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Nikephoros, Patriarch of Constantinople
Short History
Cyril Mango
This history covers the period 602–769 and is one of the two Greek historical texts that relate the fortunes of the Byzantine Empire and its neighbors during that difficult period.

The Short History or Breviarium of Nikephoros, patriarch of Constantinople (d. 828), covers the period 602–769 and is one of the two Greek historical texts that relate the fortunes of the Byzantine Empire and its neighbors during that difficult period. Despite its brevity it is, therefore, a source of primary importance for the study of events in medieval eastern Europe and the Near East, including the dramatic reign of Emperor Herakleios (610–641), the Arab conquests, the establishment of the Bulgarian state, and Byzantine iconoclasm. Not being an eyewitness to the events he describes, Nikephoros had to rely on earlier sources, now lost to us, which he paraphrastically rendered in ancient Greek so as to attain the stylistic elegance that was expected of a “history.”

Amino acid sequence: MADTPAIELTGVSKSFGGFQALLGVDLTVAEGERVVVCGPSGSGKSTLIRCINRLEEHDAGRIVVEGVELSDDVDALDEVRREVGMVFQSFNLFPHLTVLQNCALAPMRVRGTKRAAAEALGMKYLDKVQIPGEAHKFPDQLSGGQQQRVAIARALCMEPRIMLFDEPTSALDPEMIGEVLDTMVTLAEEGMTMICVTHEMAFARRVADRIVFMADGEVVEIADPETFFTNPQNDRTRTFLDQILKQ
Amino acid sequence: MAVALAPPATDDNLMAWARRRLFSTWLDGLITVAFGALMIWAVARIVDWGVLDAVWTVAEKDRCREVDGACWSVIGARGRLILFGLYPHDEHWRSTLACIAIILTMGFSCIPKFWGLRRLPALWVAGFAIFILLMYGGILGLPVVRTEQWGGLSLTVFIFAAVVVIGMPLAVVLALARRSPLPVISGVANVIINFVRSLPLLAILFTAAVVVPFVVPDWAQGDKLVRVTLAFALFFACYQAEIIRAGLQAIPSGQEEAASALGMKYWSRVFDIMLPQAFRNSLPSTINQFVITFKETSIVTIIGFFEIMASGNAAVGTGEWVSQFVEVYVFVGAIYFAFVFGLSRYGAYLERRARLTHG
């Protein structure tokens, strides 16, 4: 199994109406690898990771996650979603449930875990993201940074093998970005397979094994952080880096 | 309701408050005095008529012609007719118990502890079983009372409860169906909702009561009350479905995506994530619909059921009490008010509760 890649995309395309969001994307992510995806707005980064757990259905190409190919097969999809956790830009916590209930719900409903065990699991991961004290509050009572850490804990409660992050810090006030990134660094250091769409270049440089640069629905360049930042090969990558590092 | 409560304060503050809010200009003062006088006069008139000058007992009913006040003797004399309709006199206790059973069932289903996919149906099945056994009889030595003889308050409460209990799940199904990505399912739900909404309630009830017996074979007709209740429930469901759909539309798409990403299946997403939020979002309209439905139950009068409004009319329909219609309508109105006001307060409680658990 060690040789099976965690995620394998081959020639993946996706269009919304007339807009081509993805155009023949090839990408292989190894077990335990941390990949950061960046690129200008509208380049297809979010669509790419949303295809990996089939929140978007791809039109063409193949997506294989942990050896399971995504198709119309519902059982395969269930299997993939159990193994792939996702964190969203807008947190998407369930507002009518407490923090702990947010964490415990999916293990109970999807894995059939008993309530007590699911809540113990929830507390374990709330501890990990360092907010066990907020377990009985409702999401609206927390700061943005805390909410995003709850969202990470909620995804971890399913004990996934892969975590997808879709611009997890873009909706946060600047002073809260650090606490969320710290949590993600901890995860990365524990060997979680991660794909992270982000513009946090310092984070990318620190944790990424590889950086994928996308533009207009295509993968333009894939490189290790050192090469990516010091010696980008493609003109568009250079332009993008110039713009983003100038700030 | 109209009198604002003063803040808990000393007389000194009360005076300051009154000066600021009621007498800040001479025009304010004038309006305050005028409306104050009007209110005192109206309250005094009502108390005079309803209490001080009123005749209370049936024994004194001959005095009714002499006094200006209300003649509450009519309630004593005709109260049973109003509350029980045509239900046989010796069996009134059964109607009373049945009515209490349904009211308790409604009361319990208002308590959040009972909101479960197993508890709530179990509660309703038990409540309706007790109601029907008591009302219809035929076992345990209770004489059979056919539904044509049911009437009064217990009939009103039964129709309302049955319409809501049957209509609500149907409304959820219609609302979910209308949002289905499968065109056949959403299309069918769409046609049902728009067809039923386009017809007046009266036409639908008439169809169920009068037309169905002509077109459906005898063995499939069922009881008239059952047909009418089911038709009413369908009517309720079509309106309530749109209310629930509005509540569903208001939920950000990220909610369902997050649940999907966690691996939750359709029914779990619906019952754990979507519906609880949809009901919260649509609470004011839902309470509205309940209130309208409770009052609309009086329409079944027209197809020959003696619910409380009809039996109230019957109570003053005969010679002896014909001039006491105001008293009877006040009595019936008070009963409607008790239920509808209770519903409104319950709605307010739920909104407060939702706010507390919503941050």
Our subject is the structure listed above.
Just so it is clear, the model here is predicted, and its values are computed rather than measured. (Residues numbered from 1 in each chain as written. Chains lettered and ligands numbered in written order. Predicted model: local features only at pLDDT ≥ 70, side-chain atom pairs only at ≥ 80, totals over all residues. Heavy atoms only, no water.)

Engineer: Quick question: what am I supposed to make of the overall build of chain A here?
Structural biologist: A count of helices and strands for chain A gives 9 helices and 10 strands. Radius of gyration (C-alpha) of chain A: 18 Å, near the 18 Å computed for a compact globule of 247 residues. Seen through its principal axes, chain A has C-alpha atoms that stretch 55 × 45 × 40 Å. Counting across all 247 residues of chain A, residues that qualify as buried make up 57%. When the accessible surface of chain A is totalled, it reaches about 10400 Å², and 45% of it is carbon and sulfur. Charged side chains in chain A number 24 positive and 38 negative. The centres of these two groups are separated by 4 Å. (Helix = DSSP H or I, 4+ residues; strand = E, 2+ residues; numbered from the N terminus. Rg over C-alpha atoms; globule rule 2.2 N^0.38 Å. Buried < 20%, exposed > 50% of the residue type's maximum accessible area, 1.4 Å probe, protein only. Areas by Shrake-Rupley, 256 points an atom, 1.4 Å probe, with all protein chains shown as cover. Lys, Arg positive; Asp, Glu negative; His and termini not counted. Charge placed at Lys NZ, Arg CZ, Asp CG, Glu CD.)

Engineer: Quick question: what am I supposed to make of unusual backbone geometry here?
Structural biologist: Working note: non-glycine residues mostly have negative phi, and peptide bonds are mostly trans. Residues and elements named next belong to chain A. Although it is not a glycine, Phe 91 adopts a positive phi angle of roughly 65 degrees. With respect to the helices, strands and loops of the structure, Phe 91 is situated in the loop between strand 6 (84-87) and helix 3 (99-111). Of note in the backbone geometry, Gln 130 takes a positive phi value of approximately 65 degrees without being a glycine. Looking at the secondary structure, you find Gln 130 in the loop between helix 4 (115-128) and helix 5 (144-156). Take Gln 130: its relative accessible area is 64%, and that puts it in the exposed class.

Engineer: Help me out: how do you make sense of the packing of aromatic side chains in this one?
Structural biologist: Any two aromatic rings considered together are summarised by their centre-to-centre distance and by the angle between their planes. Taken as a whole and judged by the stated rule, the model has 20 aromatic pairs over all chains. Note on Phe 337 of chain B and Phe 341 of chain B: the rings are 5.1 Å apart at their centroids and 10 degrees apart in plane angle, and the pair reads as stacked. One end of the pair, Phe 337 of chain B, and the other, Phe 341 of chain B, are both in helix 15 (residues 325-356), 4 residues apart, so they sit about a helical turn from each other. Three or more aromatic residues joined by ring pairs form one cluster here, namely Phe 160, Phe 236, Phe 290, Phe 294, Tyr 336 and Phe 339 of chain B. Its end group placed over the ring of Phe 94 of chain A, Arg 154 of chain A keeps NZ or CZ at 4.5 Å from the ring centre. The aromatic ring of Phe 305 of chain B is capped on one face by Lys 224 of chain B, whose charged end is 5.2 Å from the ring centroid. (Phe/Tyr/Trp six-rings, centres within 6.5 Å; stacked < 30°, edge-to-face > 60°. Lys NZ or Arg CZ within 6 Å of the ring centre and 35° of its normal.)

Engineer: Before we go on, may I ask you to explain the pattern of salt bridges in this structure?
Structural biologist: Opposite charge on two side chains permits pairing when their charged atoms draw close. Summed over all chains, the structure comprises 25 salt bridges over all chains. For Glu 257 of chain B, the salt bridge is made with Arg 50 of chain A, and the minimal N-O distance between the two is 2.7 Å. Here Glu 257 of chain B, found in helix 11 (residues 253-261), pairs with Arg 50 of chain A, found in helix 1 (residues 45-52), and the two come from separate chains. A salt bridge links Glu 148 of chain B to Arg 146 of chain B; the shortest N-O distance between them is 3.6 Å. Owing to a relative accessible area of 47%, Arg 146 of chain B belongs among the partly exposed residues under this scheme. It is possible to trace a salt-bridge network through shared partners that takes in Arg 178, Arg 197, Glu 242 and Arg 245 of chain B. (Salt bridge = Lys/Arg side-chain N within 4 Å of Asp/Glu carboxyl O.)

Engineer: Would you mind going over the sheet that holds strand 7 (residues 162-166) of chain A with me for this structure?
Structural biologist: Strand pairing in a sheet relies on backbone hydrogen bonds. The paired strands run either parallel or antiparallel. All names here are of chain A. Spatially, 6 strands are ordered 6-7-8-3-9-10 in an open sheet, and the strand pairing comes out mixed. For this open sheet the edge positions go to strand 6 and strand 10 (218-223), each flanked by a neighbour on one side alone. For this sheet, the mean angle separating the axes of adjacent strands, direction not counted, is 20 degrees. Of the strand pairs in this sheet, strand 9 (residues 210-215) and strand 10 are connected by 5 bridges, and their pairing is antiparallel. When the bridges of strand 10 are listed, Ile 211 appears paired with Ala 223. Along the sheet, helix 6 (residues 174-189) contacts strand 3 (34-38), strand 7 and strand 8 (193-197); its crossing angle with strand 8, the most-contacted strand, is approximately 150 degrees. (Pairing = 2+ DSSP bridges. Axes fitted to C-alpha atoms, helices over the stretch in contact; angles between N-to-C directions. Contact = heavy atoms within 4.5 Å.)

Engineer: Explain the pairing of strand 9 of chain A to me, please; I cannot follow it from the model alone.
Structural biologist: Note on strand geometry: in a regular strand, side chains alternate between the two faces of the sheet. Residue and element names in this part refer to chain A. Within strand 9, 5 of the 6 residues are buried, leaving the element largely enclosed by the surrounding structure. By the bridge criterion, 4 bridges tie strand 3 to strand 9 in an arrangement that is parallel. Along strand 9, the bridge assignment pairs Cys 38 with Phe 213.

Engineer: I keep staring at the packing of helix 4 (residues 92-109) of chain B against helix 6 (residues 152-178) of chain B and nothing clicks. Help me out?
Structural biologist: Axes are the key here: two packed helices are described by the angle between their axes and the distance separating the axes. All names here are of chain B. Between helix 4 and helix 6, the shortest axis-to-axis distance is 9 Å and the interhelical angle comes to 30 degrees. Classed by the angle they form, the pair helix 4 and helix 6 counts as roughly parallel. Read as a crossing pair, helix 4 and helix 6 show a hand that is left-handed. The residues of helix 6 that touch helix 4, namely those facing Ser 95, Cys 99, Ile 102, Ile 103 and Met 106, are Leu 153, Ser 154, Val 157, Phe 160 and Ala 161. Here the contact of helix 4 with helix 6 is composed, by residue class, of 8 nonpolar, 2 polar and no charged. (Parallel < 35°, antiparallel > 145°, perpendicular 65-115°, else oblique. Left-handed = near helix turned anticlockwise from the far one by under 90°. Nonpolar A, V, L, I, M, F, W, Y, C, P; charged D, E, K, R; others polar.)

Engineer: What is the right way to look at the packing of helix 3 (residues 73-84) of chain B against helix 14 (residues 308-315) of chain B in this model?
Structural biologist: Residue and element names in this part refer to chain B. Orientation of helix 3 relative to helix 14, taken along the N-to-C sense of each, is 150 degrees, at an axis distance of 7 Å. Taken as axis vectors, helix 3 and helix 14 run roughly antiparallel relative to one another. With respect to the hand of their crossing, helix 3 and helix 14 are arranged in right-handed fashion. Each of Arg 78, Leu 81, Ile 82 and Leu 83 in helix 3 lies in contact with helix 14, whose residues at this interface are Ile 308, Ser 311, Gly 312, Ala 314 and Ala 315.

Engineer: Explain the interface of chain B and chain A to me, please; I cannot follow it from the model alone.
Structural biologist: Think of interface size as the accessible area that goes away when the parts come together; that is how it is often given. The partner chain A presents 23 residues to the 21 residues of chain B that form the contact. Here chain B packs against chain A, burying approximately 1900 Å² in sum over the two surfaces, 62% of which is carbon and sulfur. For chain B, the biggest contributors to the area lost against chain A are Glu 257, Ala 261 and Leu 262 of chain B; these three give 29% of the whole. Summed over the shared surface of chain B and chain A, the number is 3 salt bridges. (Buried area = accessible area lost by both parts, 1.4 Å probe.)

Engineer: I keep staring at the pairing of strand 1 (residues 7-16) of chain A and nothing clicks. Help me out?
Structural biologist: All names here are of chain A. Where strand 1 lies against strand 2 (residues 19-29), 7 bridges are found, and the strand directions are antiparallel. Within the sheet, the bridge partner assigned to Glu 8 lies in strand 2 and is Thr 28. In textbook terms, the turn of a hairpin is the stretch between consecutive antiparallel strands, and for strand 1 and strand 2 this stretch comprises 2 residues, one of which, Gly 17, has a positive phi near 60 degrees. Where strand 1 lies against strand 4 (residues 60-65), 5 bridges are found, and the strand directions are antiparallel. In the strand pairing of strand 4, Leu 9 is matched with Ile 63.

The English translation is accompanied by a succinct commentary that sets out the basic problems posed by the Short History and provides essential guidance for the reader.